It makes sense when you think about it. Dave Ramsey says this. Money is like a brick. It’s inanimate. It’s neutral. There’s nothing good or bad about it. You can pick up the brick and throw it through a window – bad. You can pick up a brick and build an orphan’s hospital – good.
Same with money.
You can use it to buy a nice car just to show off – bad. Or you can use it to provide a reliable, safe, nice car for your family – good.
You can use it to horde money in your sock drawer because you can’t bear to part with it – bad. Or you can use it to save up to send your child to college – good.
You can use it to give a gigantic offering to church just to get your name on the wall - bad - OR you can empty out your spending money for the month to buy a bunch of Evangelism fliers with the hopes that the message of Jesus the Savior might reach some – good.
Do you see the difference in each of those examples? It isn’t the amount of money. It isn’t the gift. It’s the motivation.
If you love money, bad. If you love God, good.
It’s why 2 Corinthians 9:7 says this, “God loves a cheerful giver.” Not God loves the one who gives $200 or more each week. Nope. God loves a cheerful giver.
2) Giving Comes out of Trust.
However…pump the breaks for a second. Because I guarantee a bunch of you saw that and thought, “God loves a cheerful giver? Phew…I’m not too happy about this offering I was gonna give today. So, let me just take a moment and rip this check up and never look at it again.”
That’s not what God is saying to you with 2 Corinthians 9:7. It’s not a license for you to say, “I don’t feel 100% happy about this, so I’m not gonna give this.” If that were the case, pretty sure we’d be bankrupt.
Before you resolve never to give God another cent, look at the verse that immediately follows. 2 Corinthians 9:8 says this, “God is able to bless you abundantly, so that in all things at all time, having all that you need, you will abound in every good work.”
In other words – Giving doesn’t just come out of love. Giving also comes out of TRUST.
Isn’t that exactly what the widow did? She had nothing left. Yet she gave it all up. Out of love, absolutely. God had given her a wonderful husband and a blessed life. But also out of trust. She trusted that God could and would give her everything she would need in the coming days to continue to serve God on earth. And if he didn’t, then she’d get more than she could ever dream of in heaven.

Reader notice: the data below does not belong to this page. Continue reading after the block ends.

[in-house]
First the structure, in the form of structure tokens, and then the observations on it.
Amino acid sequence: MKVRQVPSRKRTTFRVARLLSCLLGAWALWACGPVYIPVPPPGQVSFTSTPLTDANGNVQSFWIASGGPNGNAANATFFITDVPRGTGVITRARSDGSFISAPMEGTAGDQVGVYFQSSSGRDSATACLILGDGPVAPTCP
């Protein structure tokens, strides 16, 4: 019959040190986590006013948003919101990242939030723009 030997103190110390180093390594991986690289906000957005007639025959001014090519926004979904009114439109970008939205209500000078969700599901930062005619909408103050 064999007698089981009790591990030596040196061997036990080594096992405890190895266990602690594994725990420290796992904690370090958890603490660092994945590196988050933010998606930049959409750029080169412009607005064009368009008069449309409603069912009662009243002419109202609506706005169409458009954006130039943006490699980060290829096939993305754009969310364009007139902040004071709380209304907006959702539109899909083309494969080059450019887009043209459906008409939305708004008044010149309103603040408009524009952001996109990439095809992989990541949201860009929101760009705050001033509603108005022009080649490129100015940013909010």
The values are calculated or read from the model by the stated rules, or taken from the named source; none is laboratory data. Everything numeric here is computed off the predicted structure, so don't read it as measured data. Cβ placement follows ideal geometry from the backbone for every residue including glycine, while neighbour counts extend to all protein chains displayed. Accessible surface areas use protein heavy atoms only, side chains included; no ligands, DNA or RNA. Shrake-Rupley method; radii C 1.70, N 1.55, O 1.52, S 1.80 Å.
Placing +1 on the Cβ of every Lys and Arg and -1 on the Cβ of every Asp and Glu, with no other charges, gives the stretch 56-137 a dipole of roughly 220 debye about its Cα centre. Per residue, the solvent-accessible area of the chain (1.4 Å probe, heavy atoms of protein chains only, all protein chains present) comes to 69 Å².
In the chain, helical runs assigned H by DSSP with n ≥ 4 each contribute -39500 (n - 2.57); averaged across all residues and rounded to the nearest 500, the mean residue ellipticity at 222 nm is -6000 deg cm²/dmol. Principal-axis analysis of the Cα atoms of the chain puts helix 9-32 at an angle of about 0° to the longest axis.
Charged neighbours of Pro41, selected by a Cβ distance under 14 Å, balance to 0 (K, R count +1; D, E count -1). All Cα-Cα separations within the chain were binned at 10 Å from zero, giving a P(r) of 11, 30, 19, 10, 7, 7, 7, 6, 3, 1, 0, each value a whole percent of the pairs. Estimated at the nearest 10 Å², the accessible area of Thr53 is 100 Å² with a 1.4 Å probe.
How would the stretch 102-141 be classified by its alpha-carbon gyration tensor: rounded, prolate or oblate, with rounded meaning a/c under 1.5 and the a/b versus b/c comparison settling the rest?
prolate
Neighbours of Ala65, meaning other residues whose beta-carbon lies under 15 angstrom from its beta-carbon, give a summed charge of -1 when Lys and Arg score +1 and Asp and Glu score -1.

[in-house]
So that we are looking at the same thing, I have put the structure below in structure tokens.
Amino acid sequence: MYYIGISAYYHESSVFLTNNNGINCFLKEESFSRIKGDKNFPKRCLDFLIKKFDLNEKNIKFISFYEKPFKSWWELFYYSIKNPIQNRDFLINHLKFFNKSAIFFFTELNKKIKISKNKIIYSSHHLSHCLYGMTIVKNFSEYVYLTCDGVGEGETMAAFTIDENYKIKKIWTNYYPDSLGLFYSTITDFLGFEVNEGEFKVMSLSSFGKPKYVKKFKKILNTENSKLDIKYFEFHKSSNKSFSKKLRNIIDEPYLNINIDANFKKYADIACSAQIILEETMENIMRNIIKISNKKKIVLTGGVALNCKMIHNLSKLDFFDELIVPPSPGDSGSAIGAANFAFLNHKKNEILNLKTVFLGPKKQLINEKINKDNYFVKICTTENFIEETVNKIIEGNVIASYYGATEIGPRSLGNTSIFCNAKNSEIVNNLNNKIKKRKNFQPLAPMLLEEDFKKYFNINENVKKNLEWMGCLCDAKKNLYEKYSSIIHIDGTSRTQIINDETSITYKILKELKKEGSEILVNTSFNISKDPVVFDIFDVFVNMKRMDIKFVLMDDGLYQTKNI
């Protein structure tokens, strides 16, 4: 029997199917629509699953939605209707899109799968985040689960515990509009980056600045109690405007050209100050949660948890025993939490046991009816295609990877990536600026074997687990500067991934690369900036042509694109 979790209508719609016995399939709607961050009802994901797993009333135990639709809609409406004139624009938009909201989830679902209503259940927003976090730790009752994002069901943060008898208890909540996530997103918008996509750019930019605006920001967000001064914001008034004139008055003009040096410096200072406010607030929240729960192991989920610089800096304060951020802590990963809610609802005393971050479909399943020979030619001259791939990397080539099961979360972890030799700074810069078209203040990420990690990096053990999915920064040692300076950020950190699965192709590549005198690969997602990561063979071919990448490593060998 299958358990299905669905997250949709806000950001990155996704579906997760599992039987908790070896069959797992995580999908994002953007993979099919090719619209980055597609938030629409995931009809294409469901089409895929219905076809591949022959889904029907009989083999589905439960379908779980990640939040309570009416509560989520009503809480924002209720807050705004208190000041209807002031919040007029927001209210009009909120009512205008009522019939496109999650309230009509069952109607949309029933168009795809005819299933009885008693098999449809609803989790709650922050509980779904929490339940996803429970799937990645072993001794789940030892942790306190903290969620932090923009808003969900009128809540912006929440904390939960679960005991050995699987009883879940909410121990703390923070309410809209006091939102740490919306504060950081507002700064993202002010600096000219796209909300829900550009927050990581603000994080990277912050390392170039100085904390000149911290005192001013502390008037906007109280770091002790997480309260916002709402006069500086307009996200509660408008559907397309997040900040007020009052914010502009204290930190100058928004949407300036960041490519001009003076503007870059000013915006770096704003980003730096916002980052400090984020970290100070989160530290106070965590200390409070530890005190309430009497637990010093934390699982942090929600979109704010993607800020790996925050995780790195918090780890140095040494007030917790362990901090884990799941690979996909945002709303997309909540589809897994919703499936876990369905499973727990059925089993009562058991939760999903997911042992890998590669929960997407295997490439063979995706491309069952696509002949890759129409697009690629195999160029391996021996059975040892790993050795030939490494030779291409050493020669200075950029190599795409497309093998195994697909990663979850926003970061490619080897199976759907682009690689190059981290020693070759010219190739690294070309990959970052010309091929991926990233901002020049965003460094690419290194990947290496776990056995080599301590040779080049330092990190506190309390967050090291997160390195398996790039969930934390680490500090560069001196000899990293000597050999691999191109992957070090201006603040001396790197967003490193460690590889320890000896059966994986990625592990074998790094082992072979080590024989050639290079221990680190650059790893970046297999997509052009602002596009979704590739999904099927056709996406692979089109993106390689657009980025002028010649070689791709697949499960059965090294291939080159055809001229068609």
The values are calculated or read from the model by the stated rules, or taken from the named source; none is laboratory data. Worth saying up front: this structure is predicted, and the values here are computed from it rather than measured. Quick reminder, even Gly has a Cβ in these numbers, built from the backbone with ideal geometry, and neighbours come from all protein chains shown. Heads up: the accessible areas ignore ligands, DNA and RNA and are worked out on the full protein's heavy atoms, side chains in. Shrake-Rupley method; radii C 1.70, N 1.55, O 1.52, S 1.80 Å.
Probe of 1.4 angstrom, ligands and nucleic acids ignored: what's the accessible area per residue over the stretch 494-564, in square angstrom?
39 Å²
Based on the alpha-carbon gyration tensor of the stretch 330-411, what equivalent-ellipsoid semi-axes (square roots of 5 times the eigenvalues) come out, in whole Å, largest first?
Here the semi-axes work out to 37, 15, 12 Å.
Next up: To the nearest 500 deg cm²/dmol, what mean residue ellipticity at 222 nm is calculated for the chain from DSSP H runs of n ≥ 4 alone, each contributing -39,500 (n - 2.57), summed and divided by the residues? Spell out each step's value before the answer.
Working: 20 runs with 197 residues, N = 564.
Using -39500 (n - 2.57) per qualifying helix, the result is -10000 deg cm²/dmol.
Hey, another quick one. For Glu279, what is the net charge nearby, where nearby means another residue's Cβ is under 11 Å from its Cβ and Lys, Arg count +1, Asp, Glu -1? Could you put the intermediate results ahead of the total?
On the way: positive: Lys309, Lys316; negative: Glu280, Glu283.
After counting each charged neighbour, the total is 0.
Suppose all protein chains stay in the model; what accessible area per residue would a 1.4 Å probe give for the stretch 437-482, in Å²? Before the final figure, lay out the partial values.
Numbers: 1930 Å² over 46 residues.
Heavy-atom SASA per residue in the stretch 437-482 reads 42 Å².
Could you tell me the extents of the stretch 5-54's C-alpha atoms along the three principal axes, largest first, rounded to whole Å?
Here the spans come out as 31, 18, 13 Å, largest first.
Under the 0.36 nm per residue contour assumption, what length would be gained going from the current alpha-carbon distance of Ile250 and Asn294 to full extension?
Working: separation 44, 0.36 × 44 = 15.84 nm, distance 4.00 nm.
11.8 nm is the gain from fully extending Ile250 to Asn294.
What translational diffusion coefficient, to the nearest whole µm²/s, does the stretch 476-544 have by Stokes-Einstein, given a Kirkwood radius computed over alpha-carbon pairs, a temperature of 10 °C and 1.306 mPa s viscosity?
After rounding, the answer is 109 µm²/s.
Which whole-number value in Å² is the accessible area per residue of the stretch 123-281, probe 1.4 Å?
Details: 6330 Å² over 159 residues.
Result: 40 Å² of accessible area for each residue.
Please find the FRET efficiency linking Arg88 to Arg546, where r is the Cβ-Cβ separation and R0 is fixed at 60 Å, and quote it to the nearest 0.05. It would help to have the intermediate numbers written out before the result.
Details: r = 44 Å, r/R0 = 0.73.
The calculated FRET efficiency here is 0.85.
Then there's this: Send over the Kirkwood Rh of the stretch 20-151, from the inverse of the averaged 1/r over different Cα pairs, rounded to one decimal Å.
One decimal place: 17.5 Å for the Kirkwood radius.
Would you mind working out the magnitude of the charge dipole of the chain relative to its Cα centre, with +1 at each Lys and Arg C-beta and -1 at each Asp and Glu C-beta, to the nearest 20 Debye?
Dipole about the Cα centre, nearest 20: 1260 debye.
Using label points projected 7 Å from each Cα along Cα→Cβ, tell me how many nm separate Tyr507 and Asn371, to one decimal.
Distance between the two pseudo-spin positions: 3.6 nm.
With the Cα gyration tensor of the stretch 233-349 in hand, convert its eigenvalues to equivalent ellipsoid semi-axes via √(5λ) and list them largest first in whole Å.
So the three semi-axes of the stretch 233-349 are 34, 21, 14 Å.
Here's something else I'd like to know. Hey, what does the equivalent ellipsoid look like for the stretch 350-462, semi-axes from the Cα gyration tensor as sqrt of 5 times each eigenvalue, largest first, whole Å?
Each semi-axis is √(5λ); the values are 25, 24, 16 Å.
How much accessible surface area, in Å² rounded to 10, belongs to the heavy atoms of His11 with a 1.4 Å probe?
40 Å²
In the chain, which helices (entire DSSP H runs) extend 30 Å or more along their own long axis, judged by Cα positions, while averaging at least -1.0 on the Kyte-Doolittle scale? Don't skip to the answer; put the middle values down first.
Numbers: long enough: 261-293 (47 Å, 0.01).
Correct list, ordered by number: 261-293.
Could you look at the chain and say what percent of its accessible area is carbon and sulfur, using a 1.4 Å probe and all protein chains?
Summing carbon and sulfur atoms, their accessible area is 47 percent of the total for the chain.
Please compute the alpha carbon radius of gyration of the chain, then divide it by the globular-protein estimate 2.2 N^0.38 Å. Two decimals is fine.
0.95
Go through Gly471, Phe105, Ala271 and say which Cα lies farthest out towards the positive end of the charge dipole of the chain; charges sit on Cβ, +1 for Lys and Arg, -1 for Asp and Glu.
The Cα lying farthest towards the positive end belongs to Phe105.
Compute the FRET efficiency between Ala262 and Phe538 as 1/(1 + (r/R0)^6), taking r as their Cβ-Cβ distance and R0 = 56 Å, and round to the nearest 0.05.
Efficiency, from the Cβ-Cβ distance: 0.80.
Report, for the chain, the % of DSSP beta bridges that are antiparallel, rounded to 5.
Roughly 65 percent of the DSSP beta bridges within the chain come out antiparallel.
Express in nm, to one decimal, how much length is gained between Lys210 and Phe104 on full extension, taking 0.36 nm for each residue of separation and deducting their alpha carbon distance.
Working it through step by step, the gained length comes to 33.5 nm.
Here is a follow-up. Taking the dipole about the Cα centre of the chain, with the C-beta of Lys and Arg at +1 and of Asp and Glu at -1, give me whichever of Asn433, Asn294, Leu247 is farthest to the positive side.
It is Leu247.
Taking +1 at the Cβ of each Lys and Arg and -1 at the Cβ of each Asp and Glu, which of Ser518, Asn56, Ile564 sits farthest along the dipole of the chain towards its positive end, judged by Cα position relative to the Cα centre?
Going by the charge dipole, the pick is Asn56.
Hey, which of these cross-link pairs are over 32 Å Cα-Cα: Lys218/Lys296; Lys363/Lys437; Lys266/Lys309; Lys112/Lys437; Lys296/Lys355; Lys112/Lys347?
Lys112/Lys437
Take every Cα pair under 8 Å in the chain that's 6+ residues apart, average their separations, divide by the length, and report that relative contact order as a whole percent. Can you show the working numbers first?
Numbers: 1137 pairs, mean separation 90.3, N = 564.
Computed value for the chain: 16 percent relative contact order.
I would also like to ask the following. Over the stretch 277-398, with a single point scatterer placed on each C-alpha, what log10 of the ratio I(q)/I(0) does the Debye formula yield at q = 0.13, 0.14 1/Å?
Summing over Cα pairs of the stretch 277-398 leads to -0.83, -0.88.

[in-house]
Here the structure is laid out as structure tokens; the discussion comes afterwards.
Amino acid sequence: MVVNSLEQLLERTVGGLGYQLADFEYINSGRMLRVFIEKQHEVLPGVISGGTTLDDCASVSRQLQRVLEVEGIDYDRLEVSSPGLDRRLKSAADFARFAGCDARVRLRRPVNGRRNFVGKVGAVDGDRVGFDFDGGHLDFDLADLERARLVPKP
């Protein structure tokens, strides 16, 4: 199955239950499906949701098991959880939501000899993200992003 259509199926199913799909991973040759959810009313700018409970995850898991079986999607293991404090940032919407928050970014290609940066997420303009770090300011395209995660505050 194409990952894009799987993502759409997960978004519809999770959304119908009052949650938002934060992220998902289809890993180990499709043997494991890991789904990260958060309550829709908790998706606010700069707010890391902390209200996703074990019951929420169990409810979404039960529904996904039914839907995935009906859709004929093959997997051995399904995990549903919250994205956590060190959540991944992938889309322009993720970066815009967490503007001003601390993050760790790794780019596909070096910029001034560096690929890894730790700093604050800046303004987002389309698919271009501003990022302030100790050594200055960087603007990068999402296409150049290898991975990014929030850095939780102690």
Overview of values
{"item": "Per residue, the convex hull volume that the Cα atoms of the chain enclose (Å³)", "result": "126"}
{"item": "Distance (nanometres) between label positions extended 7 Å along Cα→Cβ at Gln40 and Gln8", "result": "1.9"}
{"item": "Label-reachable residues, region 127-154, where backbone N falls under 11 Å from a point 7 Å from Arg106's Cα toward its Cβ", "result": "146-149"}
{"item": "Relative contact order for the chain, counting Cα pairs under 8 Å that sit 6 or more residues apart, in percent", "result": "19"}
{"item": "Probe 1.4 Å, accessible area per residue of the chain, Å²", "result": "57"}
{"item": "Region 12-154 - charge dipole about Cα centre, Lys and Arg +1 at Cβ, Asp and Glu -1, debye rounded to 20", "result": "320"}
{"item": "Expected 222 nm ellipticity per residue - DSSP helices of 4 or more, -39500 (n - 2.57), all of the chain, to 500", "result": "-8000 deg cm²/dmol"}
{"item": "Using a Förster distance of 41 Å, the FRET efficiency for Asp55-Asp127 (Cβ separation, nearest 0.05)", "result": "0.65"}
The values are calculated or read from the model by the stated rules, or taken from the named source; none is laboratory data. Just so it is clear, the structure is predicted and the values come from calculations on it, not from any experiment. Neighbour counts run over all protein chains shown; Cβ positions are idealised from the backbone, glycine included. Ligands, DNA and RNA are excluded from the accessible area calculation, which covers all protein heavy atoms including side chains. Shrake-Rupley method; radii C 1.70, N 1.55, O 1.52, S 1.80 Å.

Do you trust God? He won salvation for you on a cross. He paid a debt you couldn’t pay. He has a storehouse full of infinity of everything!
Do you trust God to take care of you?
Today’s challenge is to consider increasing your offering. Whatever it is. I’m not naming numbers, because it isn’t about the amount. But I am asking this. Can you take another step forward in trust and give a bit more to the work of your Lord?
For us – we use the money to share the Gospel. To start with it’s the building which we use to share the Gospel. Then, it’s my salary – which isn’t commissioned based – so I don’t get more for you giving more. Let’s be clear on that.
Then, it’s Evangelism. We use gifts to share Jesus love to those in Raleigh. Through a website. Through online ads. Through pamphlets and fliers and signs.Through invites and THANK YOU gifts.
And a big project that we are considering – the Expansion of Precious Lambs. It’s gonna allow us to connect with even more families and share the message of the God who loves them. It’s going to allow us to connect with little kids and teach the true message that Jesus Loves Them to them. It's gonna open opportunities to expand our youth group outreach during the week back in the Current Precious Lambs area. It's’ going to open up opportunities to start an English as a Second Language Ministry to share Jesus’ love with the many global members of our community.
In short – your gift will be a gift of love for God and trust in God. Amen.